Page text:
Holidaying with your dog can be an extremely enjoyable experience. However some owners find travelling with their dog in the car to be quite frustrating. Some dogs readily travel with no problems, whereas others may be anxious or suffer from car sickness. There are a few important pointers which can help ensure that car travel with your dog is a positive experience.
Warning: This is NOT recommended for your next trip!Any dog which is not used to regular car travel may benefit from a few practice runs prior to long distance travel. Practice runs involve short, local trips to acclimatise the dog to the noises and movements of the car and to check if the dog suffers from car sickness.
Travelling with a dog which suffers from car sickness can be a daunting task when considering long distance car travel. If short practice runs do not acclimatise your dog to car travel or if the dog has a history of travel sickness your veterinarian should be consulted. Your veterinarian can discuss medical options which may relieve anxiety and help control travel sickness in dogs. Do not use travel sickness or anti-anxiety pet medications without veterinary advice. It is also recommended not to feed your dog immediately prior to travel to reduce the likelihood of travel sickness.
It is essential to ensure that dogs are safely secured in the car for any travel. Dogs should be secured in a manner which prevents them from moving around the cabin of the vehicle. This ensures the safest method of travel for both the dog and other occupants in the case of a car accident. The use of car dog harnesses are useful for this purpose. The harness secures around the dog with the main support across the sternum and is then secured to the existing car seatbelt. Manufacturer's instructions should be carefully followed. In the case of a motor vehicle accident the dog is prevented from becoming a projectile which could cause injury to the dog and/or humans in the car.
By securing your dog appropriately in the car, care should also be taken to ensure that no part of the animal's body can protrude from the vehicle. The feel of wind on a dog's face as it pokes its head out of a window may be enjoyable for the dog but risks potential injury. Windows should only be opened enough to allow adequate ventilation whilst ensuring that the dog cannot poke its head out. This also helps prevent unintended escape through open windows.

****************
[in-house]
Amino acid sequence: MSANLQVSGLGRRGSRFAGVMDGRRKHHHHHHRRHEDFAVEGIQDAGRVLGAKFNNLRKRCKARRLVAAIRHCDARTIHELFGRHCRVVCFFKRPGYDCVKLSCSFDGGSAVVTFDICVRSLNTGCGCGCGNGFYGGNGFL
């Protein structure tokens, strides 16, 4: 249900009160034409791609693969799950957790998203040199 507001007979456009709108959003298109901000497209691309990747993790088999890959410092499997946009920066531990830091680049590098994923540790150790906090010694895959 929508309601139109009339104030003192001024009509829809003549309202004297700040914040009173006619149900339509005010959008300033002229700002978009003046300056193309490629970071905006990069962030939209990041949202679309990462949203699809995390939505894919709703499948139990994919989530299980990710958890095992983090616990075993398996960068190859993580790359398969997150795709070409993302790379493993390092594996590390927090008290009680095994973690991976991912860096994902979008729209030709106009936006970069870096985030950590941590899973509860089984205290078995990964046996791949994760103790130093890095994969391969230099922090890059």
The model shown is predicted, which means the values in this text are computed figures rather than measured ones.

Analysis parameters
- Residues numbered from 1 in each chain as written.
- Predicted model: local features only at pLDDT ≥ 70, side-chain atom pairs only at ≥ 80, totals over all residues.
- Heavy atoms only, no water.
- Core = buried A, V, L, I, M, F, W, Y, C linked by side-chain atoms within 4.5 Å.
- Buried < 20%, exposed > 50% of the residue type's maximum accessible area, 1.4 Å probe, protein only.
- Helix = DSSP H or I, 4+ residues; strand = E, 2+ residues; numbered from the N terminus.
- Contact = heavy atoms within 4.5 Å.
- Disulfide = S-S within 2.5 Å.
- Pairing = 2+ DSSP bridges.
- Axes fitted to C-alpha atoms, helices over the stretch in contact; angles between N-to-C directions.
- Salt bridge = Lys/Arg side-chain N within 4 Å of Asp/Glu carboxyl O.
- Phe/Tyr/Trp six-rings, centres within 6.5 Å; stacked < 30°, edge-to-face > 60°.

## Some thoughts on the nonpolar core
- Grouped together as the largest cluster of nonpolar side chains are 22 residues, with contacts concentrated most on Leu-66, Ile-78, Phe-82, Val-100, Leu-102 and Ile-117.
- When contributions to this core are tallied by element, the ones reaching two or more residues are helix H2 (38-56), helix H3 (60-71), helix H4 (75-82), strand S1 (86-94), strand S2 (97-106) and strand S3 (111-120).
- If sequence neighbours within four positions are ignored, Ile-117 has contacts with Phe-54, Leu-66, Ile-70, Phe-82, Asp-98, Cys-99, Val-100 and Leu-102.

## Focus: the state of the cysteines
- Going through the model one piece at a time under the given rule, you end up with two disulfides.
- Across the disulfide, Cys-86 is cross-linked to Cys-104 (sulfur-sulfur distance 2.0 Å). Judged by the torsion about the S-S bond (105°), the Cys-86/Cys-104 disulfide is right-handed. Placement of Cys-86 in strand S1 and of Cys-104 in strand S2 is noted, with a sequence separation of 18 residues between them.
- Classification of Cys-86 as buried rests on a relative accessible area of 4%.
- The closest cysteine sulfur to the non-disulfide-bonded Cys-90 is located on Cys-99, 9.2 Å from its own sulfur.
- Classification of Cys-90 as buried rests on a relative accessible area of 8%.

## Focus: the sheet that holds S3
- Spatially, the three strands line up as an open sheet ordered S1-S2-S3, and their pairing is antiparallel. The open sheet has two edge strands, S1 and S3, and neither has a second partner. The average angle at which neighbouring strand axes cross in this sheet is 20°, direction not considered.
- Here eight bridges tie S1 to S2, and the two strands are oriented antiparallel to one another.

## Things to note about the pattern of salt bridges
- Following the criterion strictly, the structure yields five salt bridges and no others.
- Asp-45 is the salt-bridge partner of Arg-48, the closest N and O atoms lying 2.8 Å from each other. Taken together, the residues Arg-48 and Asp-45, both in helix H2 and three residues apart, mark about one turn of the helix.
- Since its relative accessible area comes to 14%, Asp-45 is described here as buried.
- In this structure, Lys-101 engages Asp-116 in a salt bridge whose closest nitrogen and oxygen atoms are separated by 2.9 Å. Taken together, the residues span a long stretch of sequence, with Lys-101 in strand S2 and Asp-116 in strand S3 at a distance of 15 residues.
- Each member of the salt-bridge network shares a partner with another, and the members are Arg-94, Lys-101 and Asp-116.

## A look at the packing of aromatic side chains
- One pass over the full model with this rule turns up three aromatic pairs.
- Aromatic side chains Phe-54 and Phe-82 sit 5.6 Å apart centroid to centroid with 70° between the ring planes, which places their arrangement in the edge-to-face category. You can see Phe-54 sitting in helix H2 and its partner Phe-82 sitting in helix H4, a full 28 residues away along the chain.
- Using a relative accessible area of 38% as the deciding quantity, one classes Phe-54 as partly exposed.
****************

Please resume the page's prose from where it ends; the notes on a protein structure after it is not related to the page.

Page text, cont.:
It is very dangerous to transport dogs on the back of trucks or utes. Animals transported in this manner can suffer severe injuries.
Owners will find that regularly stopping along the trip to allow for toilet and exercise stops will greatly enhance the travel experience with a dog in the car. Dog bowls and adequate cool water should be taken on the trip to offer the dog at every stop. Ensure that the dog is walked on a secure dog lead and not allowed to wander unleashed. Roaming dogs can run away and also pose a road hazard to other drivers and may be hit by a car.
Whenever owners stop for their own food/bathroom stops dogs should not be left unattended in the car. Temperatures inside cars in hot weather can soar rapidly to dangerously high levels. Dogs will rapidly succumb to heat stress which is a potentially life threatening condition. If your dog is behaving well, a dog treat at this time is appropriate.
Many owners do not like animal hair to be shed on their car upholstery. Car seat covers for animals are available and can help alleviate this problem, and it's always helpful to do some pet grooming with a good dog brush or comb before the trip.
Ensuring that all accommodation needs of your pet are adequately met will help alleviate the stress of travelling with dogs. Many holiday accommodation properties are pet friendly where animals are welcome and the property may provide dog fencing. These properties can be found on many internet sites and specific questions should be asked of the proprietor to ensure the property is appropriate for your dog.
Car travel with dogs can be an enjoyable and easily managed experience if some forethought is used and basic safety issues addressed with the use of the right pet supplies.